Archives for category: Comics

Green Lantern movie poster

Seven months ago I couldn’t contain my excitement when the first Green Lantern trailer was released. In two-and-a-half-minutes, the trailer gave audiences everywhere a taste of what to expect: there was your basic superhero origin story, casting was spot-on, and the visuals looked fantastic. I was literally antsy to see some of my favorite Green Lantern Corps characters brought to life on the big screen.

Starring a slew of talented (and somewhat lesser-known actors), and directed by Martin Campbell – credited for the rebirth of the James Bond franchise, I think a lot of people were hoping for the same magic that made Iron Man such a success. Both films featured a lead character that’s generally known for being a dick, both had casts that made fans go, “Wha-!?!” and both had iffy odds of being “blockbuster material.”  Unfortunately, with a meandering plotline that took the audience through some confusing and sometimes boring scenes, all I can say is that Green Lantern is just okay.

(Spoilers below.)

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It looks like audiences will have to choose between two comic book-based movies this summer.

Set to hit theaters in July is Cowboys & Aliens, a film directed by Jon Favreau and starring Harrison Ford and Daniel Craig.

If the storyline is true to the book, audiences will see cowboys (Ford and Craig) set in the mid-19th century American West who fight the big bad alien invaders. While it may look like Men in Black, it’s said to be very serious,  having been described as “a tough-minded adventure on the order of Clint Eastwood’s Unforgiven—with aliens.”

If audiences are curious about the storyline, the source material is readily available in local bookstores or AmazonCowboys & Aliens is based on the graphic novel of the same name, created by Scott Mitchell Rosenberg, written by Fred Van Lente and Andrew Foley, with pencils by Luciano Lima.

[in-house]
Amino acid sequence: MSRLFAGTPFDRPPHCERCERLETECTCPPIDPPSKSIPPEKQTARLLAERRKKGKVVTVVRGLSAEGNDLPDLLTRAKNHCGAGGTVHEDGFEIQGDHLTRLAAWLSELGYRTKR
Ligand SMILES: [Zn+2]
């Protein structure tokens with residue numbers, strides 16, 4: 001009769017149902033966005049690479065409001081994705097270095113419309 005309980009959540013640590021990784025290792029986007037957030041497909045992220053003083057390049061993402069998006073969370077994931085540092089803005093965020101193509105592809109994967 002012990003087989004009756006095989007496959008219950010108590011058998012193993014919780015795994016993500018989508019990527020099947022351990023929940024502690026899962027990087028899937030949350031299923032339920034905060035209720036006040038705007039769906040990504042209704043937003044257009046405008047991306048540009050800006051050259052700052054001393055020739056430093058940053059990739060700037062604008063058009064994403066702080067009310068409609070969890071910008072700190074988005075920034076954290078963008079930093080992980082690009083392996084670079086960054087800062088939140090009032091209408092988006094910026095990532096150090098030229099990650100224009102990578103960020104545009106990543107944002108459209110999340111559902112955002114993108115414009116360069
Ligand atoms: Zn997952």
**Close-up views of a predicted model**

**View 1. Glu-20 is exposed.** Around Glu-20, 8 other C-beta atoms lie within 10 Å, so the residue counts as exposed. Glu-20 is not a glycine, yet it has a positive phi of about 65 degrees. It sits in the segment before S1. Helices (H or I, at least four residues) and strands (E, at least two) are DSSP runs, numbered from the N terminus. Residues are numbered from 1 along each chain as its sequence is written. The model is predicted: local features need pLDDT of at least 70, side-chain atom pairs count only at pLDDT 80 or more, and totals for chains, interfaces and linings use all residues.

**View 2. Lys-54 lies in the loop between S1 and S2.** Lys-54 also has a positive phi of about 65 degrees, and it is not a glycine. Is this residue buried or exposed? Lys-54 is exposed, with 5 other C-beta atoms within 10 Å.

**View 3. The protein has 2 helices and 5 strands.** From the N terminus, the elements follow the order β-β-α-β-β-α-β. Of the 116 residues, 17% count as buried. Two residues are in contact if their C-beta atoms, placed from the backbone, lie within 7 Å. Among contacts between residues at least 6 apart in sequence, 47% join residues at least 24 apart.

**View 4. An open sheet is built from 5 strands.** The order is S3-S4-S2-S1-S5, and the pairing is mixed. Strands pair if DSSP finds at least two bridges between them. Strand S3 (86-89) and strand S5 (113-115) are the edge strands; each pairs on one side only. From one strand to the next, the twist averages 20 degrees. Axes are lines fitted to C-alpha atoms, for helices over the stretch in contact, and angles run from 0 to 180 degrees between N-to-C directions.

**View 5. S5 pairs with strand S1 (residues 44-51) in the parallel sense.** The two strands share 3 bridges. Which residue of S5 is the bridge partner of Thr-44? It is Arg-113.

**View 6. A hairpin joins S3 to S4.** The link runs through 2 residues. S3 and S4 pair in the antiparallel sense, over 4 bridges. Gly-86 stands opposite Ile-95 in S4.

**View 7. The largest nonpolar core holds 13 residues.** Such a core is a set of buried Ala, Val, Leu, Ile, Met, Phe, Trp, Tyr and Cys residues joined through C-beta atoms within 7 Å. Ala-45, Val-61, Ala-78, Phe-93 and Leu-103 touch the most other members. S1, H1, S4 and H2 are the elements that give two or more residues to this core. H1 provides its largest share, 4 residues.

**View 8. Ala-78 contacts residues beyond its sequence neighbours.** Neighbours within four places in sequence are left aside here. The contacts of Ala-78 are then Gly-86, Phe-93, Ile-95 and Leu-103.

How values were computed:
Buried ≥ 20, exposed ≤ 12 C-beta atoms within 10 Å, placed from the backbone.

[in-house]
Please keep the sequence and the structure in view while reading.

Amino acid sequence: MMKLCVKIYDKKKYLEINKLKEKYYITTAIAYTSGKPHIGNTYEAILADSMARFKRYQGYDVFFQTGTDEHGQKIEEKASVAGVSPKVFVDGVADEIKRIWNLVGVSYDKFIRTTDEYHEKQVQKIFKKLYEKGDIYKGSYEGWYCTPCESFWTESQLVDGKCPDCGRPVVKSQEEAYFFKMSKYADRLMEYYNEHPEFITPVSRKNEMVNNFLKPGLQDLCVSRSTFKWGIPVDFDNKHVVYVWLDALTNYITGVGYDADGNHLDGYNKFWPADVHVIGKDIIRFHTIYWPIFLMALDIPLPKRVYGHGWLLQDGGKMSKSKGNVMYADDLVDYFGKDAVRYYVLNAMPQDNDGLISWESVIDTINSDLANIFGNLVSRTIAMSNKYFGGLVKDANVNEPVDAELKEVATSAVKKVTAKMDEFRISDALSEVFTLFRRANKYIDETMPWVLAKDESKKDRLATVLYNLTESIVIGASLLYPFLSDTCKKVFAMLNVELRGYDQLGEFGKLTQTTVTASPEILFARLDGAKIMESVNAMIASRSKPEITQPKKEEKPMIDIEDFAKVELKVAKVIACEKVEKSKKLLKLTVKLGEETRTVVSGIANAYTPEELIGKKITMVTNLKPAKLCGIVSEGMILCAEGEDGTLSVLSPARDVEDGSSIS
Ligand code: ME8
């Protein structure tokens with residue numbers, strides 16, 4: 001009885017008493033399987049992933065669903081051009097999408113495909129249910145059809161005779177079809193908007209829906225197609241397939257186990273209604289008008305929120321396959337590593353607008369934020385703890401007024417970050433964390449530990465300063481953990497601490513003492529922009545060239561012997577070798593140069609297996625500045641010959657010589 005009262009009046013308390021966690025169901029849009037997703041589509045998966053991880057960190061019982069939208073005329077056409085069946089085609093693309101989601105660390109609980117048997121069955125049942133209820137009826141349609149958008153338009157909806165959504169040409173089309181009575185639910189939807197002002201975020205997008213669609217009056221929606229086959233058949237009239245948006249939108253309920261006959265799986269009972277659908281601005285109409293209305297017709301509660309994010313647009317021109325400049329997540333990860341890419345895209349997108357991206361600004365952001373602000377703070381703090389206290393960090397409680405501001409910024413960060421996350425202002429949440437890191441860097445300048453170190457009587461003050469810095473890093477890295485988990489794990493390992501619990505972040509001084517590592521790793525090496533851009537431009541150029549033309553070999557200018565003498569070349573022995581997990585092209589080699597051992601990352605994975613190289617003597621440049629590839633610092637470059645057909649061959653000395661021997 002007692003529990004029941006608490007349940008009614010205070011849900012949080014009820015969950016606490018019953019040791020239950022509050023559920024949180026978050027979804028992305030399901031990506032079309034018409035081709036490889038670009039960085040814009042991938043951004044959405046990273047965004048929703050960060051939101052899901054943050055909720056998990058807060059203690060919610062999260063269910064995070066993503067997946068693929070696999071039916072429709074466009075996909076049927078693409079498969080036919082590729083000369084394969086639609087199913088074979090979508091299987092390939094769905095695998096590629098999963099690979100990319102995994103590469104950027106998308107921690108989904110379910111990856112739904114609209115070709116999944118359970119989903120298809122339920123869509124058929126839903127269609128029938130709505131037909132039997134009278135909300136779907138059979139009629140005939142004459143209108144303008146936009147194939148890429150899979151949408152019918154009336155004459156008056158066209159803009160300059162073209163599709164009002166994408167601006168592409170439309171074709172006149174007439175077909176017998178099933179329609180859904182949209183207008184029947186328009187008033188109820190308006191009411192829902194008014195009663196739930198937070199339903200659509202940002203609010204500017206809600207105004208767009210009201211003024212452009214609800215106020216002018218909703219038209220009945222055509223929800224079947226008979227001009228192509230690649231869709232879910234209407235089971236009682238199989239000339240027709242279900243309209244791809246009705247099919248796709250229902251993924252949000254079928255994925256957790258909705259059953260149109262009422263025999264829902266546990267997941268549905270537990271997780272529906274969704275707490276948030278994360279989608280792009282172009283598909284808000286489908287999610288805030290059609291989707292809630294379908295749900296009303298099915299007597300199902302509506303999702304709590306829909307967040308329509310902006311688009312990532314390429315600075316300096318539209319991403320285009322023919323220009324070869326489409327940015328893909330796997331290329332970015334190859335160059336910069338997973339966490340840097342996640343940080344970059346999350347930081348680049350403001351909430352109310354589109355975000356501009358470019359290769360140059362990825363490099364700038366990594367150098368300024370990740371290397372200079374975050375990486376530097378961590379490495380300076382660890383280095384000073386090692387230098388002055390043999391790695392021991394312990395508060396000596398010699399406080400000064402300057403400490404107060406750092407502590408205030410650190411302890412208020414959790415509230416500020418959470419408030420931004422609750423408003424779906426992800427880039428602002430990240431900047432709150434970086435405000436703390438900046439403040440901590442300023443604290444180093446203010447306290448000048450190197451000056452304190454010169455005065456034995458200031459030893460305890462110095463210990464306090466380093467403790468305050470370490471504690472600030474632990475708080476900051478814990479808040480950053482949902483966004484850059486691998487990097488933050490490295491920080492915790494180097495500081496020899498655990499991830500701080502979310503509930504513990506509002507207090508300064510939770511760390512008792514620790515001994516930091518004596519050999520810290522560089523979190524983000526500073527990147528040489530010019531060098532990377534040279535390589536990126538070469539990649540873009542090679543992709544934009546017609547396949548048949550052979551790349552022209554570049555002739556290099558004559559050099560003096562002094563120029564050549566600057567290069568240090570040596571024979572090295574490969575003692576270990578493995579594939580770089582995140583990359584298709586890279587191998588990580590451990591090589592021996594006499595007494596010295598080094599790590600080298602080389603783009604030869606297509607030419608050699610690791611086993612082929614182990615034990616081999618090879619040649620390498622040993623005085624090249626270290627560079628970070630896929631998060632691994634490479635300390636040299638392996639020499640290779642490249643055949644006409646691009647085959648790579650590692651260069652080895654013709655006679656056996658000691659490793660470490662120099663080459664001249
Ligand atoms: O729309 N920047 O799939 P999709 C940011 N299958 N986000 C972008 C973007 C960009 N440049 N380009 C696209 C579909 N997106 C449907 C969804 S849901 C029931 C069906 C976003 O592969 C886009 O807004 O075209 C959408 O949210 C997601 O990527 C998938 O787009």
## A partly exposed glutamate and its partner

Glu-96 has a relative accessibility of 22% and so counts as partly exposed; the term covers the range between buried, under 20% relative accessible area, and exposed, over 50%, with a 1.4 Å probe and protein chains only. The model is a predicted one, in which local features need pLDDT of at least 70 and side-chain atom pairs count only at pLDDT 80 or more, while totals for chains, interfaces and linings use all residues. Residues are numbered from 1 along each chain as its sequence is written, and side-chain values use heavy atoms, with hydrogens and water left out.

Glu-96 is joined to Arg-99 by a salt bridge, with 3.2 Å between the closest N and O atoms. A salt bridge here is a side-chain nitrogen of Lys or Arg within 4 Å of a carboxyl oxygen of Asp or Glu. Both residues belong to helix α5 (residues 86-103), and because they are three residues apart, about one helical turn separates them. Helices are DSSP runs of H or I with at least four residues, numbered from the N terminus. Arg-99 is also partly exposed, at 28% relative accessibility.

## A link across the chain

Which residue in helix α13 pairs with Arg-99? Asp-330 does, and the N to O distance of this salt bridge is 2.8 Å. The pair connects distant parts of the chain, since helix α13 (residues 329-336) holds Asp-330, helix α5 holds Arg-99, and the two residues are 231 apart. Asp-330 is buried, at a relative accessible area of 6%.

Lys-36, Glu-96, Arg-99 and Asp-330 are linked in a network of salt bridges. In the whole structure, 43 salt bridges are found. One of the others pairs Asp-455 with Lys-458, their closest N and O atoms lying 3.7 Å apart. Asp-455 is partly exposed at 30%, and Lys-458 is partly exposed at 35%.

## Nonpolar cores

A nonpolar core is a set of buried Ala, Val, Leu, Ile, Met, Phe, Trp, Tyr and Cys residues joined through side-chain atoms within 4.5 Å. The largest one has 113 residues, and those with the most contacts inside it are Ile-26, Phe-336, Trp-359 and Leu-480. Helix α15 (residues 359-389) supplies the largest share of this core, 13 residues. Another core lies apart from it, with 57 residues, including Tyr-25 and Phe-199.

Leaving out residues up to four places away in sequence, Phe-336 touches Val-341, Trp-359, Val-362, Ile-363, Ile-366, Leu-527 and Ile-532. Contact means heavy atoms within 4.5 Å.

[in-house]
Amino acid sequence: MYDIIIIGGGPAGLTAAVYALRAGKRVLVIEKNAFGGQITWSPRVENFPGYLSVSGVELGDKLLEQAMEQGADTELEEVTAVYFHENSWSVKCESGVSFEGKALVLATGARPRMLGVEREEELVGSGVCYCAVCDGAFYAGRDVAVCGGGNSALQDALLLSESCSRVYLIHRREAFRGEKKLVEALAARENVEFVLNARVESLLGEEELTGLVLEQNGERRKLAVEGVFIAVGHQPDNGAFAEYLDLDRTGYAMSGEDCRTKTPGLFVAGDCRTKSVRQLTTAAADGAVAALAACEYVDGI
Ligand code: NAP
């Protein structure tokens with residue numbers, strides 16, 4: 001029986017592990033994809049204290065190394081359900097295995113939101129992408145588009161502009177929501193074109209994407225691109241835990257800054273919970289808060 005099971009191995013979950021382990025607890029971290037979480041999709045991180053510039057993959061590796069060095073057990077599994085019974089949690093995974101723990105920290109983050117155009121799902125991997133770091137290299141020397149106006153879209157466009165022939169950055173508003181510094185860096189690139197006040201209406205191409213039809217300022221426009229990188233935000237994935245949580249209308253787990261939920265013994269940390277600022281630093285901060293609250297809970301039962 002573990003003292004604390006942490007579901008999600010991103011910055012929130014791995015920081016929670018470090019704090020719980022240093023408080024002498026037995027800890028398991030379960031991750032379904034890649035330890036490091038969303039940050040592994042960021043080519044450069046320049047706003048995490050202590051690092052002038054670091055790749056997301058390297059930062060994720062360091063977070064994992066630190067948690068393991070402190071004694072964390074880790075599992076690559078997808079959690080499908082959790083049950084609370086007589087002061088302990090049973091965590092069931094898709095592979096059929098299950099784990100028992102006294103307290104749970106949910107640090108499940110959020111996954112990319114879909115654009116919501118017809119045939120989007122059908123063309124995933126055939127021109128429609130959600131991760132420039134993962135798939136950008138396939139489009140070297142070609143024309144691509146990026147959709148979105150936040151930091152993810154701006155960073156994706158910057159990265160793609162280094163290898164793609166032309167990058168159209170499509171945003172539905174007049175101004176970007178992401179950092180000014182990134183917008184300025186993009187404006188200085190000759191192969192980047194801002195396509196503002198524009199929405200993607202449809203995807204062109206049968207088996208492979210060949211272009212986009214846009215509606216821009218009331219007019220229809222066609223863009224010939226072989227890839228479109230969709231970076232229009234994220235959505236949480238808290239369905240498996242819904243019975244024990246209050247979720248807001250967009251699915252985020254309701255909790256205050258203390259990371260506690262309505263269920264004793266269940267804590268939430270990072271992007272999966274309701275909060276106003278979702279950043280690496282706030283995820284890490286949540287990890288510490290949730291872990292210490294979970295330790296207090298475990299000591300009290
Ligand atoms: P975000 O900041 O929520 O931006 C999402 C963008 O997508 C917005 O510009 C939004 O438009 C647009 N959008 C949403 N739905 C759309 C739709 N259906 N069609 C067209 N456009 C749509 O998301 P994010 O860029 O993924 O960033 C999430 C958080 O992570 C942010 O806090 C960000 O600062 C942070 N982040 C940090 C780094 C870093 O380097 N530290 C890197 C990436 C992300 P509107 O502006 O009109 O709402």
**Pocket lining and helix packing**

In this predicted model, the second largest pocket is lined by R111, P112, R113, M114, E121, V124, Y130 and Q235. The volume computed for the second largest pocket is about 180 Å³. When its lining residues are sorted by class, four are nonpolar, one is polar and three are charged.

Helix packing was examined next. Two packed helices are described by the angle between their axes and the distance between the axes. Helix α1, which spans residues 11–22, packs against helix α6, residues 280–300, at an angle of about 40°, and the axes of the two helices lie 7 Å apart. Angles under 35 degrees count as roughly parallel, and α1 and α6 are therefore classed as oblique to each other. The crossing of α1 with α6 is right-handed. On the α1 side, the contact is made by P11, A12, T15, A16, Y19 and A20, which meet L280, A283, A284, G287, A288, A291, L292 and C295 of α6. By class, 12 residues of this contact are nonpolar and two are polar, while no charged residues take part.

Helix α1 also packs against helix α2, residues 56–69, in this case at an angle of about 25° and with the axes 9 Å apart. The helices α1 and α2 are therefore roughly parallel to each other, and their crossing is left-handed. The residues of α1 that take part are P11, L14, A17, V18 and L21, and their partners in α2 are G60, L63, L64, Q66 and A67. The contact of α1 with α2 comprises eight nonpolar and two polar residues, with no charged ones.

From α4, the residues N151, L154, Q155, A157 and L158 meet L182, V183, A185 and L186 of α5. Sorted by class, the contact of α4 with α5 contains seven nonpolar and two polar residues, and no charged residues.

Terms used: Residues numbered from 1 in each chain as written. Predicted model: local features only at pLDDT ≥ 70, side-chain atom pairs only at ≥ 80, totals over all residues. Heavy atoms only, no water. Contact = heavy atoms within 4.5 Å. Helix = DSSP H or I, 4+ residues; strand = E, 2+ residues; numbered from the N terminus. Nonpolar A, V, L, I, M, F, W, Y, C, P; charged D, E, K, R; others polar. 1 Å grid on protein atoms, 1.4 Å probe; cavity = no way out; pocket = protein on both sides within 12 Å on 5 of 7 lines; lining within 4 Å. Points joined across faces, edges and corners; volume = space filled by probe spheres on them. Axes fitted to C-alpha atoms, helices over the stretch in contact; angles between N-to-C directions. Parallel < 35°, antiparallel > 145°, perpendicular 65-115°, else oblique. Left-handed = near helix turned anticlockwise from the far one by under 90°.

This summer, The Green Lantern will be shown to audiences across the planet.

Like Iron Man before it, the Green Lantern is considered to be a lesser known comic book hero. And continuing with the Iron Man similarities, Warner Bros. is hoping to see a big return and possible franchise opportunities following the release of The Green Lantern in June 2011.

To those who are unfamiliar with the storyline, think of Green Lantern as a mix between Top Gun, Captain Planet and Star Wars.

In the comics, Hal Jordan (played by Ryan Reynolds in the movie) is a womanizing and arrogant pilot who is chosen to become a Green Lantern – or a space cop. A Green Lantern is equipped with a ‘power ring’ – one of the most powerful weapons in the universe that can only be used if one has great willpower and knows no fear.

Even though the movie is several months away, the trailer gives audiences a glimpse on what they can expect. The Green Lantern movie will certainly do a great job establishing the Green Lantern mythos and building upon major characters such as Kilowog, Sinestro, Carol Ferris, and Dr. Hector Hammond.

And despite the fact that Ryan Reynolds looks like he’s wearing green bacon, I am impressed by what I see so far. June can’t get here fast enough!

Comparison between comic and movie costumes.

Grounded is a 12-part series written by J. Michael Stracynski (JMS to those on the DL), with pencils by Eddy Barrows. The overall storyline essentially “grounds” the Man of Steel as he walks across America trying to reconnect with the people he’s sworn to protect. While this may sound like your typical comic book storyline, DC Comics decided to add a little extra to the mix.

Because the whole concept of Grounded is to make Superman more relatable to audiences, fans were allowed to chart the character’s journey across the states through an essay contest.

Superman #703, better known as “The Issue Where Superman Comes to Cincinnati”, hit stands October 13 surrounded by a lot of local hype, but was it worth it?

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Red movie poster featuring Willis, Parker, Freeman, Malkovich, Mirren